The path out of Del Mar’s police impasse may have been under its nose all along.
City leaders are gearing up to go to the negotiating table with the San Diego County Sheriff’s Department to see how much flexibility there is in the contract Del Mar renewed this summer.
Meanwhile, councilmembers are at odds over a suggestion to stage a public debate that would pit a handful of residents head-to-head in a public forum, followed by a community-wide survey that would steer the council’s ultimate decision.
But first, the council is seeking audience with Sheriff Bill Gore to resolve once and for all whether Del Mar’s contract — which it has held since 1959 — can be massaged to better suit the needs the city has identified over years of research. Councilmembers have queried Gore in years past but felt rebuffed. Their new-found hope stems from a July 10 panel they hosted during which Assistant Sheriff Mike Barnett signaled what the council is interpreting as a willingness to re-open that conversation.
Del Mar’s contract is part of the sheriff’s umbrella contract with the nine cities to which it provides service. Del Mar has, for the last decade, chosen the lowest level of service the department will allow, but those costs are nonetheless climbing.
Driven mostly by pension costs, the contract jumped 6 percent this year, to $2.24 million. Another 6 percent increase next year will bring it to $2.37 million, followed by $2.5 million the year after. By the end of its five-year cycle, the contract is projected to come to nearly $2.75 million.
That equates to roughly $225,000 per deputy per year, and the council wants to see if there are ways to get more service out of that coverage, perhaps by shifting community services officers, dispatching or with the city-hired Park Ranger. Del Mar Mayor Terry Sinnott also wants to know whether the sheriff’s department can guarantee that at least one deputy will be in Del Mar at all times rather than be called out to other cities. Lastly, he wants to know what can be done to cut response times for short calls and to reduce turnover so that deputies can get to know the community better.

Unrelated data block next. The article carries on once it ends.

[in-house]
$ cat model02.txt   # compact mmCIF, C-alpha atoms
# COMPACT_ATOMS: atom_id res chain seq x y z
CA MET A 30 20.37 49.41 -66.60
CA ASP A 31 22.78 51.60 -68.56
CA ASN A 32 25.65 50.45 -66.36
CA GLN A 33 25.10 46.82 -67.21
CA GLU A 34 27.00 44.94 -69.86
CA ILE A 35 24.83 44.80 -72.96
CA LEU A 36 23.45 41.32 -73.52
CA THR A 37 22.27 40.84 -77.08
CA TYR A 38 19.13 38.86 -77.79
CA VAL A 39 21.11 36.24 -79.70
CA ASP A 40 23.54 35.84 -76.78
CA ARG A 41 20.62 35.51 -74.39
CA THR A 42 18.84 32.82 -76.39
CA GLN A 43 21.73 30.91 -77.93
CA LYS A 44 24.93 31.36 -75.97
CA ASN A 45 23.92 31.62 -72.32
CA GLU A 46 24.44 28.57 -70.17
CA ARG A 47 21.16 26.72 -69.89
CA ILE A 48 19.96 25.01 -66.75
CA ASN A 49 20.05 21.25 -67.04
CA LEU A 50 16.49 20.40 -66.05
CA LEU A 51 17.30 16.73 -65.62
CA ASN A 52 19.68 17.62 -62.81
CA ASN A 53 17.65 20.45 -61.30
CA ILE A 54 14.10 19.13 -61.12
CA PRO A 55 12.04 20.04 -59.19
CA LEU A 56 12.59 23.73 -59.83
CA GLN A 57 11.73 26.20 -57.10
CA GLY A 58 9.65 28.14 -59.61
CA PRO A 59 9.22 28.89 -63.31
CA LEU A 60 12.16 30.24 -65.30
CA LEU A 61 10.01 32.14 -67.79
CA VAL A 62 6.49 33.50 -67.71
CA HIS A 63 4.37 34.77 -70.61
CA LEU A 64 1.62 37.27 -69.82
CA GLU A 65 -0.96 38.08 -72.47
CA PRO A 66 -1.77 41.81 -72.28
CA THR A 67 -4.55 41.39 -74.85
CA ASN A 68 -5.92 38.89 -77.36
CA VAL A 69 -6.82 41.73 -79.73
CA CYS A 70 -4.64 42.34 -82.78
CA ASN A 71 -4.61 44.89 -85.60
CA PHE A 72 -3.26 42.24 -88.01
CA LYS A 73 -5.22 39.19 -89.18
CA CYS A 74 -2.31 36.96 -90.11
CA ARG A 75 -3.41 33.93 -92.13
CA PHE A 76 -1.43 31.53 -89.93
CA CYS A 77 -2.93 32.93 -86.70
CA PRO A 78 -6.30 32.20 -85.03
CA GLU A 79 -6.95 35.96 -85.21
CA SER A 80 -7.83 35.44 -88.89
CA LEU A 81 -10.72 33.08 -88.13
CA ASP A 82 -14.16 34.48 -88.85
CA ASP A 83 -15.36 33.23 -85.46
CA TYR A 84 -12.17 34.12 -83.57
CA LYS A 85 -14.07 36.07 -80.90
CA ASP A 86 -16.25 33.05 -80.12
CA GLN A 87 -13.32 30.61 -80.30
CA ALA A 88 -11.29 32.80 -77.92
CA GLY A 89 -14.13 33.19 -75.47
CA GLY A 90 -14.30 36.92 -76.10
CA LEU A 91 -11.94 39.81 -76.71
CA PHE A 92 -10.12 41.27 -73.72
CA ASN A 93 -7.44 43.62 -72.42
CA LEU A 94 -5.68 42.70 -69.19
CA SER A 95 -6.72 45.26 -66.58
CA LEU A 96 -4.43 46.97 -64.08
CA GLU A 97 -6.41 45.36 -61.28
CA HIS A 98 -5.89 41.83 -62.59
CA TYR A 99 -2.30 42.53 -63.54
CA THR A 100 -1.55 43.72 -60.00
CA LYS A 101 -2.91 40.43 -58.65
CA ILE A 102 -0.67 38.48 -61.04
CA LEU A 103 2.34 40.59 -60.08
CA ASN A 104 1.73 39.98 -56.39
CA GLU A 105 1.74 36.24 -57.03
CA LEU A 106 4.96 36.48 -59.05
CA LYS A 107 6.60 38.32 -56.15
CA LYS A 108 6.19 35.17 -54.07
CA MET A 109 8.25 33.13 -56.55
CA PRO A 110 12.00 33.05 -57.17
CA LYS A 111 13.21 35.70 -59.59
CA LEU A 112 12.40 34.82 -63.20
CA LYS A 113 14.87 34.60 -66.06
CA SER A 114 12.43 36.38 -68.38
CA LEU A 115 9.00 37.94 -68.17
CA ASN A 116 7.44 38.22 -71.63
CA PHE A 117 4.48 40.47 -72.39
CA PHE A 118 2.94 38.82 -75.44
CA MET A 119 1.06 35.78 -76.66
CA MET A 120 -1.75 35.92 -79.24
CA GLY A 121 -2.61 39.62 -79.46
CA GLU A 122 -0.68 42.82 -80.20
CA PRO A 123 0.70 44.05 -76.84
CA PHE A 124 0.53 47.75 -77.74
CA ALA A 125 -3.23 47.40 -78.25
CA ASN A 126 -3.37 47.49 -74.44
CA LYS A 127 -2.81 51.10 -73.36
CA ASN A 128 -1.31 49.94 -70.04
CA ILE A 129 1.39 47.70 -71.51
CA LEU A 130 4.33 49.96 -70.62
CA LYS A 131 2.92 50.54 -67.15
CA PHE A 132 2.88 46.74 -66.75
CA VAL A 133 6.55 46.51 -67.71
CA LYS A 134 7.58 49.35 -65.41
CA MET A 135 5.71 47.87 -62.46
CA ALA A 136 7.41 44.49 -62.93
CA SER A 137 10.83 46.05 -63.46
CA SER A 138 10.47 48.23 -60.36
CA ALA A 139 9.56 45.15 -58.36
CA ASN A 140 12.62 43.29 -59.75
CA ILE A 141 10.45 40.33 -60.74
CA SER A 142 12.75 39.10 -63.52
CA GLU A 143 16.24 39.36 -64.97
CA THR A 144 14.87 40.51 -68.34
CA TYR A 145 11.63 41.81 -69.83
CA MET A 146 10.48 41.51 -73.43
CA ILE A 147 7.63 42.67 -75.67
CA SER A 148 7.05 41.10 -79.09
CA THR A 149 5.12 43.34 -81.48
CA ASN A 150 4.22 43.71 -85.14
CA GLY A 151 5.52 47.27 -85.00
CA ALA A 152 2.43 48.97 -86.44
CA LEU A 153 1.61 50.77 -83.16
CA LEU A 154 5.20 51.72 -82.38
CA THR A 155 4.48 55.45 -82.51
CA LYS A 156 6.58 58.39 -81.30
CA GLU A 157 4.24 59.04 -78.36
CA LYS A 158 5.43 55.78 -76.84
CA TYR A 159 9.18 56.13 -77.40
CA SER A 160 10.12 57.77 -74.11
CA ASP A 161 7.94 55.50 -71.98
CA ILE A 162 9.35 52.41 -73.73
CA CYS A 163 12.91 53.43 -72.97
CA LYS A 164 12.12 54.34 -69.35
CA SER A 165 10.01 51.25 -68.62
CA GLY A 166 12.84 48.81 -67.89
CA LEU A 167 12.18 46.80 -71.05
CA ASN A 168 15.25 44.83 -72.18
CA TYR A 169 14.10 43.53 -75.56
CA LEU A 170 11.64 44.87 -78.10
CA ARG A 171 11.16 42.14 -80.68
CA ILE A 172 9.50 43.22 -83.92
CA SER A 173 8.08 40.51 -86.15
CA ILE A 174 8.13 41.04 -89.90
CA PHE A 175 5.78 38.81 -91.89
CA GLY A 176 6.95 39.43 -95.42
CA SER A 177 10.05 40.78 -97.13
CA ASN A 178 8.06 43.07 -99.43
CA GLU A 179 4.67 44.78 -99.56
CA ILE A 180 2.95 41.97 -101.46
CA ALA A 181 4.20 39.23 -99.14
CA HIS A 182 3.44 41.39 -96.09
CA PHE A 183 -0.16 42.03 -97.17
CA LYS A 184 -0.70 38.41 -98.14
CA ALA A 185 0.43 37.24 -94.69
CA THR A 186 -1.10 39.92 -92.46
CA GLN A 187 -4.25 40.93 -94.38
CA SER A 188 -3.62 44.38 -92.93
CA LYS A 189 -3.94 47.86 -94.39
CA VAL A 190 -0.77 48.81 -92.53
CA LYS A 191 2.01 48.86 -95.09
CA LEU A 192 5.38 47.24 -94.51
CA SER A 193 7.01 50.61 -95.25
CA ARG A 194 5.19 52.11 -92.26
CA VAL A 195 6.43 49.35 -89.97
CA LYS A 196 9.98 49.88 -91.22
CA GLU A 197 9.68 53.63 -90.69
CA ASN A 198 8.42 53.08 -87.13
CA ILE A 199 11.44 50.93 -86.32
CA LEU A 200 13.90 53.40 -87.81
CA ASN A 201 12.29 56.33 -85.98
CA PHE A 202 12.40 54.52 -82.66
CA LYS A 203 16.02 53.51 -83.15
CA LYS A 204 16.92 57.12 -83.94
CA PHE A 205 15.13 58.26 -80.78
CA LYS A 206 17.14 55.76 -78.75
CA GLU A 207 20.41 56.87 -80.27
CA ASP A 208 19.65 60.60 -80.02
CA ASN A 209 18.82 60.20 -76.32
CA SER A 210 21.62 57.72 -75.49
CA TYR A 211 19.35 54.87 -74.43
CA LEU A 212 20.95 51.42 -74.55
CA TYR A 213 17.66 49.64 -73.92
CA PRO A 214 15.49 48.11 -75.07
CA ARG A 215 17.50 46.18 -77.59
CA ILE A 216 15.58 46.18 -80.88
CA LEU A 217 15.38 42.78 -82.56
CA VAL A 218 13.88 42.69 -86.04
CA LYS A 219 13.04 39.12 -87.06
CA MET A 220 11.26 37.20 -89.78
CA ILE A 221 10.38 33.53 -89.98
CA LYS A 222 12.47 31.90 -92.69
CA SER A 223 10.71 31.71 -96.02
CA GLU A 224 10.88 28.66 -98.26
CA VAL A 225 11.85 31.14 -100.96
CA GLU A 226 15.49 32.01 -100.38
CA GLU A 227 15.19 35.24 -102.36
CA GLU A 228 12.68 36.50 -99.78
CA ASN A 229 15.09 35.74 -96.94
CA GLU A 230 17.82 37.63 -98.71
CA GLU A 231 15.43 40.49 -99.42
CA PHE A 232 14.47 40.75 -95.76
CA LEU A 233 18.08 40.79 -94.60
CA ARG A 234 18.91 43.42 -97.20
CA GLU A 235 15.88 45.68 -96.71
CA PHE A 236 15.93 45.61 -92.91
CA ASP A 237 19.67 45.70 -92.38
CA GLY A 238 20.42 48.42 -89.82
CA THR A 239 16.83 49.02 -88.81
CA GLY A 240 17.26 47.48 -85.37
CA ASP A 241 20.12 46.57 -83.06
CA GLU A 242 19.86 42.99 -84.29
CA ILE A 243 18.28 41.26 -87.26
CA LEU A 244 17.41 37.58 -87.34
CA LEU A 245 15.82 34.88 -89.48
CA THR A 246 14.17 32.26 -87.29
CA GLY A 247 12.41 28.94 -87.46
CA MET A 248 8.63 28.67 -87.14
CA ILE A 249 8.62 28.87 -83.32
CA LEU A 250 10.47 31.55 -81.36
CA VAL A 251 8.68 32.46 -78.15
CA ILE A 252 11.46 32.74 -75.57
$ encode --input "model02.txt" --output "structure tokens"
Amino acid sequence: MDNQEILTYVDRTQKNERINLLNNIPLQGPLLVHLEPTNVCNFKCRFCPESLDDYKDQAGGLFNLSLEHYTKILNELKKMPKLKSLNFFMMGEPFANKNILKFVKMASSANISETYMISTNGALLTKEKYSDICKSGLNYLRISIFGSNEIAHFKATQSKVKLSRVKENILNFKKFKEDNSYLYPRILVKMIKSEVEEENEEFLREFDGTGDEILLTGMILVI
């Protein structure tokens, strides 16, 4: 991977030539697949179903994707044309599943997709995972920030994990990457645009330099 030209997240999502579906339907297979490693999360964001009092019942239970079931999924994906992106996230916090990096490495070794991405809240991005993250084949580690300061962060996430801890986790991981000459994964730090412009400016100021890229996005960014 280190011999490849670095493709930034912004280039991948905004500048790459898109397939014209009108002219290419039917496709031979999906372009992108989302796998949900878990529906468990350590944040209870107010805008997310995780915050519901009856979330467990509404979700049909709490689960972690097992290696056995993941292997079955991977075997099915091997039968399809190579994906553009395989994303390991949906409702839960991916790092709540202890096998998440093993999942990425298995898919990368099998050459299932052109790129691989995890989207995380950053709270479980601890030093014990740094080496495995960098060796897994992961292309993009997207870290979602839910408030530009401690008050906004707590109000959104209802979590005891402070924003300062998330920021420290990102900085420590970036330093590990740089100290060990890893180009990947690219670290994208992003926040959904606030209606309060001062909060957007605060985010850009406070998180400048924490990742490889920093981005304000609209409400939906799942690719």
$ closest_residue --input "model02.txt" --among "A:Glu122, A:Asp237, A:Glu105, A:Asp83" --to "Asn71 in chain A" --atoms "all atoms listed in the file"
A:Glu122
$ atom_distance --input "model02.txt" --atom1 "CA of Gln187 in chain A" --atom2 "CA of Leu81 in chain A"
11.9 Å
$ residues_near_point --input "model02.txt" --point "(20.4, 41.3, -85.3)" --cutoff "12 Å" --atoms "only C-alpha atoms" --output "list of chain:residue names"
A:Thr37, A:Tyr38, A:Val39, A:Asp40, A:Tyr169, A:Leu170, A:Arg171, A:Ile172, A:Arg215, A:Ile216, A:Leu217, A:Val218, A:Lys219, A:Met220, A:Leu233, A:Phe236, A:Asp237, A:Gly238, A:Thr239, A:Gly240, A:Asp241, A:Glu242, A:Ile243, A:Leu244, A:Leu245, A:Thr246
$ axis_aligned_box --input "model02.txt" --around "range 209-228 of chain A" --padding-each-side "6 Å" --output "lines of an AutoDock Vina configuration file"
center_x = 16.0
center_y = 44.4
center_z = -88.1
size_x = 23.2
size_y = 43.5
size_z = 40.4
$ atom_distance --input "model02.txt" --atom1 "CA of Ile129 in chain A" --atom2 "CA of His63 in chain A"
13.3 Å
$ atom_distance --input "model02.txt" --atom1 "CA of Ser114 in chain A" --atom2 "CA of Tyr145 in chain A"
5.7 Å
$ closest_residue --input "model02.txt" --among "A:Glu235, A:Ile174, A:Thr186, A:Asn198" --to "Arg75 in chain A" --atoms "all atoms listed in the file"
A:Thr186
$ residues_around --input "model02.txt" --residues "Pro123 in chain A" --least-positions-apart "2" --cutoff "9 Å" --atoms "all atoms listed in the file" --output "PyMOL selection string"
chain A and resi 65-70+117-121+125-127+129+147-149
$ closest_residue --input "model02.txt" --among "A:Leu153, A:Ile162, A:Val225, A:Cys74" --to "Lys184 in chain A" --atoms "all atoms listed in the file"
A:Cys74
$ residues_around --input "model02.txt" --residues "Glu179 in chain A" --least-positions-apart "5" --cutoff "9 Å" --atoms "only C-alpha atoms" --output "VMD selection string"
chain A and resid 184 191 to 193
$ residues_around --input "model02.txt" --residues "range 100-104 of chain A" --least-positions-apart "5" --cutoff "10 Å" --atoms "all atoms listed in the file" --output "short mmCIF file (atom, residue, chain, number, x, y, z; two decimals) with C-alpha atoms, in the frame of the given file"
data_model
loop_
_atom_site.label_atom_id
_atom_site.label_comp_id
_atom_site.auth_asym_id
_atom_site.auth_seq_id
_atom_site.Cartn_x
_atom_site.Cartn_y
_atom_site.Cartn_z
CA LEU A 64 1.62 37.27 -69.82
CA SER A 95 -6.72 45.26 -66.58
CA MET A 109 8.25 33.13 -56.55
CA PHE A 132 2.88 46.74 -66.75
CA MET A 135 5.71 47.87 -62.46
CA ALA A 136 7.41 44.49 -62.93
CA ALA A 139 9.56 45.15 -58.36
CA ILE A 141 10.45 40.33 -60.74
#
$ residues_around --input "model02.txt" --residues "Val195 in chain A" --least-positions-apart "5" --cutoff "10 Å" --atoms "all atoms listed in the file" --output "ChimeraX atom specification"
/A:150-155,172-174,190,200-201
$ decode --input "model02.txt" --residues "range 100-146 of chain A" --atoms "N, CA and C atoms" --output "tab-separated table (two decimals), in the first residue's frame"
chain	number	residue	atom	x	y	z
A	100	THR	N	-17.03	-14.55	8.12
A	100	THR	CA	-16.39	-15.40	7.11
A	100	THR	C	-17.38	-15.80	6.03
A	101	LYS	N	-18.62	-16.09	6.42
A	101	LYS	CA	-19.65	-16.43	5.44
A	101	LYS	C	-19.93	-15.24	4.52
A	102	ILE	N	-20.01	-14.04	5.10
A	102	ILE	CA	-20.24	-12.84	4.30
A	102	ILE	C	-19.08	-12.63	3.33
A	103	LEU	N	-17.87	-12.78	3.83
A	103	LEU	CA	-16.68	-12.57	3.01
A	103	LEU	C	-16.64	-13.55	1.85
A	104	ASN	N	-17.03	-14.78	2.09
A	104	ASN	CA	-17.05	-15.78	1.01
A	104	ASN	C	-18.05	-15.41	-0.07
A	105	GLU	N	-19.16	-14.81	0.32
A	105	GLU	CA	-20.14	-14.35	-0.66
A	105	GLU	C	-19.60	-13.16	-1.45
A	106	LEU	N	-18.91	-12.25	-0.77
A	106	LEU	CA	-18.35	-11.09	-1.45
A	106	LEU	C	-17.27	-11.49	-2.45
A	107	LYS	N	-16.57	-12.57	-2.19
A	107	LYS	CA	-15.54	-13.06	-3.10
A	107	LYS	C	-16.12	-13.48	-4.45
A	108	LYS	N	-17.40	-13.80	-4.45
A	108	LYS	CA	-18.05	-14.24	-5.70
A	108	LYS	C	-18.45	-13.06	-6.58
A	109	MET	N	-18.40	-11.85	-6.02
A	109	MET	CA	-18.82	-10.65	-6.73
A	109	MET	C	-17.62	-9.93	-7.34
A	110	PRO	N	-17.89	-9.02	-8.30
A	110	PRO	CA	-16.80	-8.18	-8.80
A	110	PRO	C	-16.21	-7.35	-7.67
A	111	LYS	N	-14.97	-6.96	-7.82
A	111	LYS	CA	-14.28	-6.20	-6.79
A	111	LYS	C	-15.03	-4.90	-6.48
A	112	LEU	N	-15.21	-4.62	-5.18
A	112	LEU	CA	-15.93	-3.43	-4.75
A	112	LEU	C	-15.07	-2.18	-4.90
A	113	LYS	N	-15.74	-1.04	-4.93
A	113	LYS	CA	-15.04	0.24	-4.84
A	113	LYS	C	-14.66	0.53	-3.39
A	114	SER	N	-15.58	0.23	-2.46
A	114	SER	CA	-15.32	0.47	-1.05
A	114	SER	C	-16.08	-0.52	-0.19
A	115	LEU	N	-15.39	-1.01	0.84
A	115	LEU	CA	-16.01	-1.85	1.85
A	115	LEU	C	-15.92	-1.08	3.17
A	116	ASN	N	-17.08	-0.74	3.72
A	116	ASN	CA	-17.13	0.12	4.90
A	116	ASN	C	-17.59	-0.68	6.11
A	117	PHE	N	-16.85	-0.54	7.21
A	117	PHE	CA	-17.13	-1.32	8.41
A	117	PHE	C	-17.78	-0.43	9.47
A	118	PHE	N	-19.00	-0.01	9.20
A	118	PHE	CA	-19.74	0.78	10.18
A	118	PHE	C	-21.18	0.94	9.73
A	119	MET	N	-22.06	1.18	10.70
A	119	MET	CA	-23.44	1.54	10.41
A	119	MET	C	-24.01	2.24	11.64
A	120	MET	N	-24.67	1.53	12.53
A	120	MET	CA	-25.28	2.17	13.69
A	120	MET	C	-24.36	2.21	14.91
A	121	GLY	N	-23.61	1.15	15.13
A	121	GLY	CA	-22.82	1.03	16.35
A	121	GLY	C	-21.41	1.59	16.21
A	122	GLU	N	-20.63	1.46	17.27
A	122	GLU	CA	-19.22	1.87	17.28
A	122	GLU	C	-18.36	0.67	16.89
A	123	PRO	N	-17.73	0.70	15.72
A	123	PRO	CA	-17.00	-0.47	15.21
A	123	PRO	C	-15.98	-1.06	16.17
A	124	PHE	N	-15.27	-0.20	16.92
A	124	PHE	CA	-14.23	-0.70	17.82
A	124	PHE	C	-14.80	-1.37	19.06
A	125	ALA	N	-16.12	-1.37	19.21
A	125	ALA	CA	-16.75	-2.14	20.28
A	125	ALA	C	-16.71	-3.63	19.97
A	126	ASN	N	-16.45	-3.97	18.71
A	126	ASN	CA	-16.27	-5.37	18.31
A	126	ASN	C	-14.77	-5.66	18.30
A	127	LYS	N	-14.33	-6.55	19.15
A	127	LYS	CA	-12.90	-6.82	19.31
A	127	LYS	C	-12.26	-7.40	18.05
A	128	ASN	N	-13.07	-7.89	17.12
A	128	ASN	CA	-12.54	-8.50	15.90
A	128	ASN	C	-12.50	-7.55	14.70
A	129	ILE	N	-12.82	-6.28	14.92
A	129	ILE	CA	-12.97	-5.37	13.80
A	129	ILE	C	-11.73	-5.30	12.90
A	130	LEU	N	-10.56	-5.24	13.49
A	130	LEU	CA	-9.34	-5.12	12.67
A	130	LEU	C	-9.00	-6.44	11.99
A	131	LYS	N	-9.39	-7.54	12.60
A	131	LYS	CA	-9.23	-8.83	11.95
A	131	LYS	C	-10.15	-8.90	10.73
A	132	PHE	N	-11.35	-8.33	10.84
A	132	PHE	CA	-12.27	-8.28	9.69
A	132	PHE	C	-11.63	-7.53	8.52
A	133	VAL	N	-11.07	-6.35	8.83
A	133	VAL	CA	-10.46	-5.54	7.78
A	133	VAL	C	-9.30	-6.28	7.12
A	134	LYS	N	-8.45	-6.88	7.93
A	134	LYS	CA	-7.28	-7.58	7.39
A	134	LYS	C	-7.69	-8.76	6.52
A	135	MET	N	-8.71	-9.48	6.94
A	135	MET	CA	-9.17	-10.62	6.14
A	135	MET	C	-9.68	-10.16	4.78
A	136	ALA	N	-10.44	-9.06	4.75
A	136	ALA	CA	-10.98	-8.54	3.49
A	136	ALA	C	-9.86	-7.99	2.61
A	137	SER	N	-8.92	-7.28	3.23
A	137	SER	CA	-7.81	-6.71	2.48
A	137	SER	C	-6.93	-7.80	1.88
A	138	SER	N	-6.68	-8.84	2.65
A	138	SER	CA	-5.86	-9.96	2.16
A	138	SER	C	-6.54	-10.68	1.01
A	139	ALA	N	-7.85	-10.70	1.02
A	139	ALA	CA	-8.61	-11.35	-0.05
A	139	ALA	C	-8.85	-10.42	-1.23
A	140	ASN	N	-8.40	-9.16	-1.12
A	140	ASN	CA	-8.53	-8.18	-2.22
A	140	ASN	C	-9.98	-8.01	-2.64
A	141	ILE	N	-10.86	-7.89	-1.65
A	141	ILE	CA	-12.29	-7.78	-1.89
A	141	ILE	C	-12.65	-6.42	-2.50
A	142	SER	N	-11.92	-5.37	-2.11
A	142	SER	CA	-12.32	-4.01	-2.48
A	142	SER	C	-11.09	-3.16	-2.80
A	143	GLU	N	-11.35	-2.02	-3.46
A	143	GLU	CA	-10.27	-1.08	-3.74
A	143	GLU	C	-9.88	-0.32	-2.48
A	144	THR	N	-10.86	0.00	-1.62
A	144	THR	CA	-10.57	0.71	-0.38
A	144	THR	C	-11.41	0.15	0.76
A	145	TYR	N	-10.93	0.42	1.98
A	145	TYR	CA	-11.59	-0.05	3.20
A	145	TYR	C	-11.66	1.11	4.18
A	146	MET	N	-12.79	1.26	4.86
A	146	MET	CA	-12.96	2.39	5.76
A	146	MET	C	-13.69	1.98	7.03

The meeting has not yet been scheduled, but Sinnott expects an answer to come in September.
In an interview this week, Barnett reiterated his agency’s willingness to reevaluate the contract. If both sides agree on new terms, the sheriff’s department could adjust coverage right away.
“It’s basically a menu and they select a level of service, so there’s tremendous flexibility,” he said. “We can add services at any time. Assuming that Del Mar isn’t going to add dozens of officers — that it’s just one or two — I anticipate we could have them in place within a month.”
Four years have passed since Del Mar started studying the possibility of putting together its own police force to supplant the city’s 60-year-old relationship with the sheriff.
Frustration over response times and climbing costs have compelled the inquiry, which since 2013 has yielded several reports, public forums and extensive wrangling by the city council. The most recent study — published in April — found that response times would “greatly improve” if Del Mar creates its own police force, while expenses would equate to (or slightly improve upon) sheriff’s costs over a five-year window. Read the report and other analyses at delmar.ca.us/
Deputies’ response times haven’t been accurately depicted in Del Mar’s discussion, Barnett said. The city has been using old data that doesn’t reflect a marked improvement that came after the department opened a substation in 2014 at the Del Mar Fairgrounds, he said.
“Since 2014, our response times across all service calls have dropped between 20 and 30 percent. That has helped out quite a bit,” he said.
Following the July 10 panel with Barnett and Capt. John Maryon, head of the North Coastal station, the council launched into a sometimes-thorny discussion on July 19, which it picked back up at its Aug. 8 meeting. With a scaled-back budget and a daunting work schedule in the months ahead, Councilwoman Sheryl Parks reminded her colleagues that it might be prudent to wait for the tax windfall that will come from the resort project proposed for the bluffs above North Beach, which she pegged at $4 million or more.
“I’m not sure the community at this time has the will to start its own police department,” she said. “I would be more inclined to find solutions that are not with our own independent police department.”
Earlier in the meeting, Deputy Mayor Dwight Worden had floated the idea of a public debate in order to give the community clarity on the pros and cons. The follow-up survey — which he suggested last month — would in turn give the council clarity on what the community prefers.
Both ideas met pushback from Councilman Dave Druker, the sole councilmember to so far declare a firm opposition to creating a police department.
“Who are we doing that debate for? [If] we do it at the Powerhouse, what other new people are going to show up?” he said. “It’s interesting, I just don’t think it’s going to give us any more information. We have all the information. We are going to have to make the decision eventually.”
Worden said he isn’t comfortable yet on deciding either way, but also is hesitant to keep pushing it off.
“Some intelligent people have told me ‘Just table it, you don’t need to deal with it.’ There’s some appeal in that,” he said. “But part of me says man, we’ve spent so much political blood and money and time and effort and I can see the finish line.”
But Sinnott said he wants the council to keep at it.
“If it wasn’t public safety, I would agree with you,” he said. “But I, at least, want to get to the finish line sometime.”